On the surface, Grand Budapest appears to be Wes Anderson’s least deep film. Unlike, say, The Darjeeling Limited, Grand Budapest knows that there is more than meets the eye, but it doesn’t bombard you with symbolism. The only thing you are really bombarded with are severed body parts and old lady boobs. More accurately, The Grand Budapest Hotel is to Wes Anderson what The Hudsucker Proxy is to the Coen Brothers: light entertainment on the surface that gets better on repeat viewings.
Then, when you least expect it, The Grand Budapest Hotel has a strong emotional impact. The beauty of a Wes Anderson film is that he can make you care about the characters and you won’t even realize it until the end. When The Grand Budapest Hotel ended, I yearned for more. Hell, within the first five minutes, I knew this wouldn’t be my favorite Wes Anderson film, but it would be one that I would watch again and again. Sometimes, rewatchability is the greatest gift a movie can give.
Brain Farts From The Edge (Some Very Minor Spoilers Ahead)
- The Grand Budapest Hotel has at least two objective narrators who try to serve simply as observers. That kind of breaks a lot of rules of traditional narrative. Figuring out who the main character is isn’t a flaw of the film, but rather part of the fun of it.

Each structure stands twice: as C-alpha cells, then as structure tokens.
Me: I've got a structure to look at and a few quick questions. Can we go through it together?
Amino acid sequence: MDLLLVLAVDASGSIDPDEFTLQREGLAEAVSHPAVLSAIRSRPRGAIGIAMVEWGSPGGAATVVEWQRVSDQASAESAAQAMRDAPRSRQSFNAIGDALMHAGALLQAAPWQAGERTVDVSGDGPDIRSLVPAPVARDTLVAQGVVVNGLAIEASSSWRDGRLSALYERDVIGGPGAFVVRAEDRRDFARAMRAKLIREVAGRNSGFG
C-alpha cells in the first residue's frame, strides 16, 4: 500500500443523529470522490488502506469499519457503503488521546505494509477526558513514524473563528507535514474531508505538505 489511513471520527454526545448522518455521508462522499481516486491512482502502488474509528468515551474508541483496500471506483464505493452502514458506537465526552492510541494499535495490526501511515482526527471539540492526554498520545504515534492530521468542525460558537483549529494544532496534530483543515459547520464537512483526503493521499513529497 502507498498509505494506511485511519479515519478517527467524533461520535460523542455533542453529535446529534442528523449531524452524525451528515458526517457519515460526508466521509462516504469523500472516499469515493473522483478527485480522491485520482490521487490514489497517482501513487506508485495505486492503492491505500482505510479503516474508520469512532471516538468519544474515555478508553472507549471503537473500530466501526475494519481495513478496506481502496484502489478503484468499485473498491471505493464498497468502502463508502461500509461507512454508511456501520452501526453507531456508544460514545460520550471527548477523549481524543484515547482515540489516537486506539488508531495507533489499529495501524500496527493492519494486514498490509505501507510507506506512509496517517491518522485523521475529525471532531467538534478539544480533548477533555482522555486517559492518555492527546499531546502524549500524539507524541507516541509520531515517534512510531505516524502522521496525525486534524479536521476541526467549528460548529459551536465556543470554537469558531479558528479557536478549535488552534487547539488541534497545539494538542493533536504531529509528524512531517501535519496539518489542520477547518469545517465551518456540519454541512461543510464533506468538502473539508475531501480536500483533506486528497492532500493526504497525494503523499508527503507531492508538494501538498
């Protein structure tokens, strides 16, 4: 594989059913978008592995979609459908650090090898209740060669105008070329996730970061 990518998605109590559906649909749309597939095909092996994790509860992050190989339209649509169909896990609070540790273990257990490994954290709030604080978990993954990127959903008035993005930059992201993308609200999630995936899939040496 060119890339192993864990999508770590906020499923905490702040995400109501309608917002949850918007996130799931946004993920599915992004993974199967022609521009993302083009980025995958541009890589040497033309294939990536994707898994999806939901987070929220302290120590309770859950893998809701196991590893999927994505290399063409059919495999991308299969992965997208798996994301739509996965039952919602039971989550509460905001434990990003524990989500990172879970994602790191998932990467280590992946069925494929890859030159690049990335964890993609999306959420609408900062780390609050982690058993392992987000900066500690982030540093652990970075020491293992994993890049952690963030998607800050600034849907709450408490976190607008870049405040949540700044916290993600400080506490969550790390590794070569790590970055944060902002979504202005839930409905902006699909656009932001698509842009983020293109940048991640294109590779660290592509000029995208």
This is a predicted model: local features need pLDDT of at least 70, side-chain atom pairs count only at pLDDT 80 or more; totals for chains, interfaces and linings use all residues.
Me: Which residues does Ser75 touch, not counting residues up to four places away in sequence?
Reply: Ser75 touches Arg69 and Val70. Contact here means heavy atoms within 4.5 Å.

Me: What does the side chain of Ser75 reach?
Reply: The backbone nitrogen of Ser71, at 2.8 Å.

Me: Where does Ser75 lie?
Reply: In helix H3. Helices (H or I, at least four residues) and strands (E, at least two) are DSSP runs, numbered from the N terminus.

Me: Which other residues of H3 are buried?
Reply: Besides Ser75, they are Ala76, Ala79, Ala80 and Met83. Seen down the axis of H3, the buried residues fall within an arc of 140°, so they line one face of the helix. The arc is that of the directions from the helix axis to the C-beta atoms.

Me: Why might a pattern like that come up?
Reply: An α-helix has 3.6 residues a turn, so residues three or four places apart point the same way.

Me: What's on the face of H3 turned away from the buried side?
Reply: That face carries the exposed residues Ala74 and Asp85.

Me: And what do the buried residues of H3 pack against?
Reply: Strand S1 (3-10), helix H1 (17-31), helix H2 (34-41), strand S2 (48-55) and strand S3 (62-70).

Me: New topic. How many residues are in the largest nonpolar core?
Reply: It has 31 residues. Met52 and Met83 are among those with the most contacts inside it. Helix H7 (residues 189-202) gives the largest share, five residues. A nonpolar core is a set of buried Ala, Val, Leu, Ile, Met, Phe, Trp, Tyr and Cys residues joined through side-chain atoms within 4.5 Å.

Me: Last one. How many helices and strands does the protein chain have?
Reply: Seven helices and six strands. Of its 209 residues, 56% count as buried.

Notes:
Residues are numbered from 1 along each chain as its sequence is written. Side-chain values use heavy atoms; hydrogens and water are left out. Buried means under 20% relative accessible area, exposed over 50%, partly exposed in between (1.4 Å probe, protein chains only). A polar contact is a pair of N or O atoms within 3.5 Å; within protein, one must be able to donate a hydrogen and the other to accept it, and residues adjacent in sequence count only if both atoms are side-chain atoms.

- This is definitely the most violent film Wes Anderson has made to date.
- Well, I didn’t say that “the hotel is a character in the film” until five paragraphs in. Wow! I am impressed at my own restraint!
- Keep your shirt on, Harvey Keitel.
- Jeff Goldblum carries around a dead cat. I wish this turned into a Weekend at Bernie’s-type subplot in which Goldblum has to pretend the cat is alive even though it is not. Yeah, I still haven’t seen Weekend at Bernie’s.
- Amongst Wes Anderson’s films, I would rank this one between Bottle Rocket and Darjeeling, though it is very close to tying with Bottle Rocket (hey, they are both capers). Check out my post from last week for reference.
- Remember in 2004 when Jude Law was in every single movie that year and nobody could figure out why? He was like the Kevin Hart of 2004.
- I think Wes Anderson is in a Speed-like situation where if he doesn’t cast at least one Wilson brother in every film he does, then he will explode. Also, time to cast Luke Wilson again. He was great in Enlightened.
- Adrien Brody. That guy deserves to get more work.
- There are certain actors who just fit perfectly into the Wes Anderson universe. Here are some other people that I think he should cast in the future: Jean Dujardin, Emma Watson, Brendan Gleeson, Scarlett Johanssen, Ben Kingsley, Joaquin Phoenix, Christoph Waltz, Kristen Wiig
- There are only a few moments when Grand Budapest feels like that Wes Anderson parody trailer that Saturday Night Live did.
- Needed more Kinks/Creation/Rolling Stones/Van Morrison on the soundtrack. Sometimes, Alexandre Desplat alone doesn’t cut it.
- Speaking of music, this is one Wes Anderson film set in a time period where record players are relevant, and he doesn’t use them?! Same goes for typewriters.
- I guess if I try and compare every Wes Anderson film to Rushmore, then none of them will ever be good again.
- Ralph Fiennes talks faster than an Aaron Sorkin character here. One of the many reasons that this film demands a second viewing.